Water bill non-payers to be tackled by Welsh government action
Water customers are paying £20 extra on annual bills to cover the cost of those who do not pay up and the figure could rise, it is claimed.
Bad debt written off by water companies and passed on to customers has increased by 430% over three years.
The Welsh government estimates the majority of debtors live in rented accommodation.
It is consulting on new regulations to force landlords to pass on tenants' details to water companies.
The bad debt comes from unpaid bills that are written off by a company as a loss either because it cannot be collected or the cost of doing so is more than the debt itself.
Since a ban on disconnection was introduced in 1999, water companies across the UK have seen a rise in bad debt in the industry.
The level in Wales has increased more than four times in three years with the most recent figure standing at nearly £12m.
Water prices are going up for customers in Wales again this year, but with the lowest increase in Britain.
The majority of households in Wales are served by Dwr Cymru Welsh Water and will see an increase of 1.7%, taking the average bill to £434.
Severn Trent and Dee Valley also serve a proportion of homes whose bills will increase by 2.2% and 4.1% respectively.
According to the Welsh government, the problem of bad debt in the water industry is most prevalent in the rented sector and it is consulting on new regulations to make it mandatory for landlords to supply tenants' details to water companies for billing purposes.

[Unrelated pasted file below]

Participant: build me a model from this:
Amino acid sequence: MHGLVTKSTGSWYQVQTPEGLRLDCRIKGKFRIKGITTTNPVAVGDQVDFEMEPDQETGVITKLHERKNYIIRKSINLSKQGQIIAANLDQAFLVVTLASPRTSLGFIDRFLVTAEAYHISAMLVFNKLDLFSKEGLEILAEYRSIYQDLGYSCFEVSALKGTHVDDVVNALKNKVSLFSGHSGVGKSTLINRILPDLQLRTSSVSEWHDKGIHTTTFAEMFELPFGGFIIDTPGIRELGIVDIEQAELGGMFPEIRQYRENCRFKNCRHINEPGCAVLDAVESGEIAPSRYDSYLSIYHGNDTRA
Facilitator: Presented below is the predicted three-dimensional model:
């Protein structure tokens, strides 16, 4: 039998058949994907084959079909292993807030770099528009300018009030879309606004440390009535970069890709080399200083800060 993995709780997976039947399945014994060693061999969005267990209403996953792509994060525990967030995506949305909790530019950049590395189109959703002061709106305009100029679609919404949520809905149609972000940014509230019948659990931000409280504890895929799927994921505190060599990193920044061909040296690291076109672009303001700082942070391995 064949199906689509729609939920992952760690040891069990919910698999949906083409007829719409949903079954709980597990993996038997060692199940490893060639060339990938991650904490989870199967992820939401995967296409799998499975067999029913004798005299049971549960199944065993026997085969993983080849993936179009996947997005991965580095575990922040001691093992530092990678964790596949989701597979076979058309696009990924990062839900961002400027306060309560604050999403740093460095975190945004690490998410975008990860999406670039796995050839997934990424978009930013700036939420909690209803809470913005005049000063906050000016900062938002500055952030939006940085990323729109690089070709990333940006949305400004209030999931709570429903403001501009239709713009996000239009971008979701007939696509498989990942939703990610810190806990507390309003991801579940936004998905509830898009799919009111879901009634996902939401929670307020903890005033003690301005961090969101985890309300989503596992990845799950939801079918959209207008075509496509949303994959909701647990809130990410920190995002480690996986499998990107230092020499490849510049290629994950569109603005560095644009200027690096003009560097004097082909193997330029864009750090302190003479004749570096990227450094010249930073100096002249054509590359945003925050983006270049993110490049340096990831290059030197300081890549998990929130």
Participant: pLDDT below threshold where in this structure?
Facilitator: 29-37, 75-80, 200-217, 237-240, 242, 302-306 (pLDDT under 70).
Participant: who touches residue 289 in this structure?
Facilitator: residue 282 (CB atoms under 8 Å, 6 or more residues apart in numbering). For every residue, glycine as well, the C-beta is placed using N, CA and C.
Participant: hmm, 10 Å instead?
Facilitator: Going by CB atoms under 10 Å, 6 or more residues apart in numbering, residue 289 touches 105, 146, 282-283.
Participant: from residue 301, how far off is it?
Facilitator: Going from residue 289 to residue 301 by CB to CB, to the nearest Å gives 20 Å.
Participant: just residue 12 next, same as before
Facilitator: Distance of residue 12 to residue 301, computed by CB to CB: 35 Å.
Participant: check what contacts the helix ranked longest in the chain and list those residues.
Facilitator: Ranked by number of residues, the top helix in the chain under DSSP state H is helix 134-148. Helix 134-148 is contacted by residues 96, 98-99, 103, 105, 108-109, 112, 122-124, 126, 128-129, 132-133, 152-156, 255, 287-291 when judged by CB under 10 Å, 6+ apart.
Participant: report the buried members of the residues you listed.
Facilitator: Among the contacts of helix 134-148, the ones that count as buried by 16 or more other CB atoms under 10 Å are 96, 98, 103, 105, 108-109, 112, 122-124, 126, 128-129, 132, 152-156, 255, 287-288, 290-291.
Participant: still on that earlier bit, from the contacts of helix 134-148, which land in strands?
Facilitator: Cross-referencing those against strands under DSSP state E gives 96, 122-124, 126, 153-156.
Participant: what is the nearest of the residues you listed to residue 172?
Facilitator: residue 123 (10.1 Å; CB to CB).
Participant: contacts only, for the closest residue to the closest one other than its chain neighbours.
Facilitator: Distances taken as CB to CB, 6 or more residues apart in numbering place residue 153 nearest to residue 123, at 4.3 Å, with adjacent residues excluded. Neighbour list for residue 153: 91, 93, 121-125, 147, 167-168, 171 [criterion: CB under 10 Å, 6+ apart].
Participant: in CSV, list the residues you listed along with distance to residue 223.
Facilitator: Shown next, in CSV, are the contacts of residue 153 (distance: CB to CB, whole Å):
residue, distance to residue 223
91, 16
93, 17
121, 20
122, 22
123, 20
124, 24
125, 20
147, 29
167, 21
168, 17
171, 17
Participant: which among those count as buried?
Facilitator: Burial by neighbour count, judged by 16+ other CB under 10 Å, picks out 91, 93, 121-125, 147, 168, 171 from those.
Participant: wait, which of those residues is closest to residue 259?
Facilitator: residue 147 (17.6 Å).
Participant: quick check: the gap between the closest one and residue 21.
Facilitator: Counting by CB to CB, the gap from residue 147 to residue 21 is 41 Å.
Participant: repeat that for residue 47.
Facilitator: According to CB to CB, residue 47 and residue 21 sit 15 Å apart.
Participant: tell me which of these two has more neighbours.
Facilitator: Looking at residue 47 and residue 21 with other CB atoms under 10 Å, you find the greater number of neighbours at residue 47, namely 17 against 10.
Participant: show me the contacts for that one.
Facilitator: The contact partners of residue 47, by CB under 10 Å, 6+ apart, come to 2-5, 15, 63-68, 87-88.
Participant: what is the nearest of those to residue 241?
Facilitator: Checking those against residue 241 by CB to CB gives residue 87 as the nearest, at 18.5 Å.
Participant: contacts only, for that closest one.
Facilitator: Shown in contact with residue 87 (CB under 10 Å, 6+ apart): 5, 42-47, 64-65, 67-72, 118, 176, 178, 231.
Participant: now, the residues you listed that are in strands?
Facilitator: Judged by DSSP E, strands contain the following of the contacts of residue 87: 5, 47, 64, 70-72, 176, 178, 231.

"This should make it much easier for outstanding charges to be collected and should ultimately reduce water bills for householders in Wales," said Natural Resources Minister Alun Davies.
If implemented, the new proposals will apply to Dwr Cymru and Dee Valley as they operate "wholly or mainly" in Wales and could come into force by March 2014.
Dwr Cymru customer services managing director Julia Cherrett said it has about 6,000 properties a year where tenants with an outstanding debt move on without giving a forwarding address.
"We have no real effective way of collecting that debt," she said.
The UK government is not pursuing similar regulations in England.
The proposal has been welcomed by the consumer body for water and sewerage in Wales and England.
"By knowing who's in a property, water companies will be able to identify those customers, to bill them sooner, to stop debt building up and, for those customers who are struggling to pay, to offer them payment arrangements in advance," said Barbara Leech, policy manager at the Consumer Council for Water.
Lee Cecil, head of the National Landlords Association in Wales, said it was the responsibility of the tenant to pay their bill but he insisted that all good landlords would take all details before allowing a tenancy to start.
He added: "This sounds like extra regulation compared to the existing gas and electricity agreements which have been in place for many years.
"Once we see the detail we will comment on that at the time."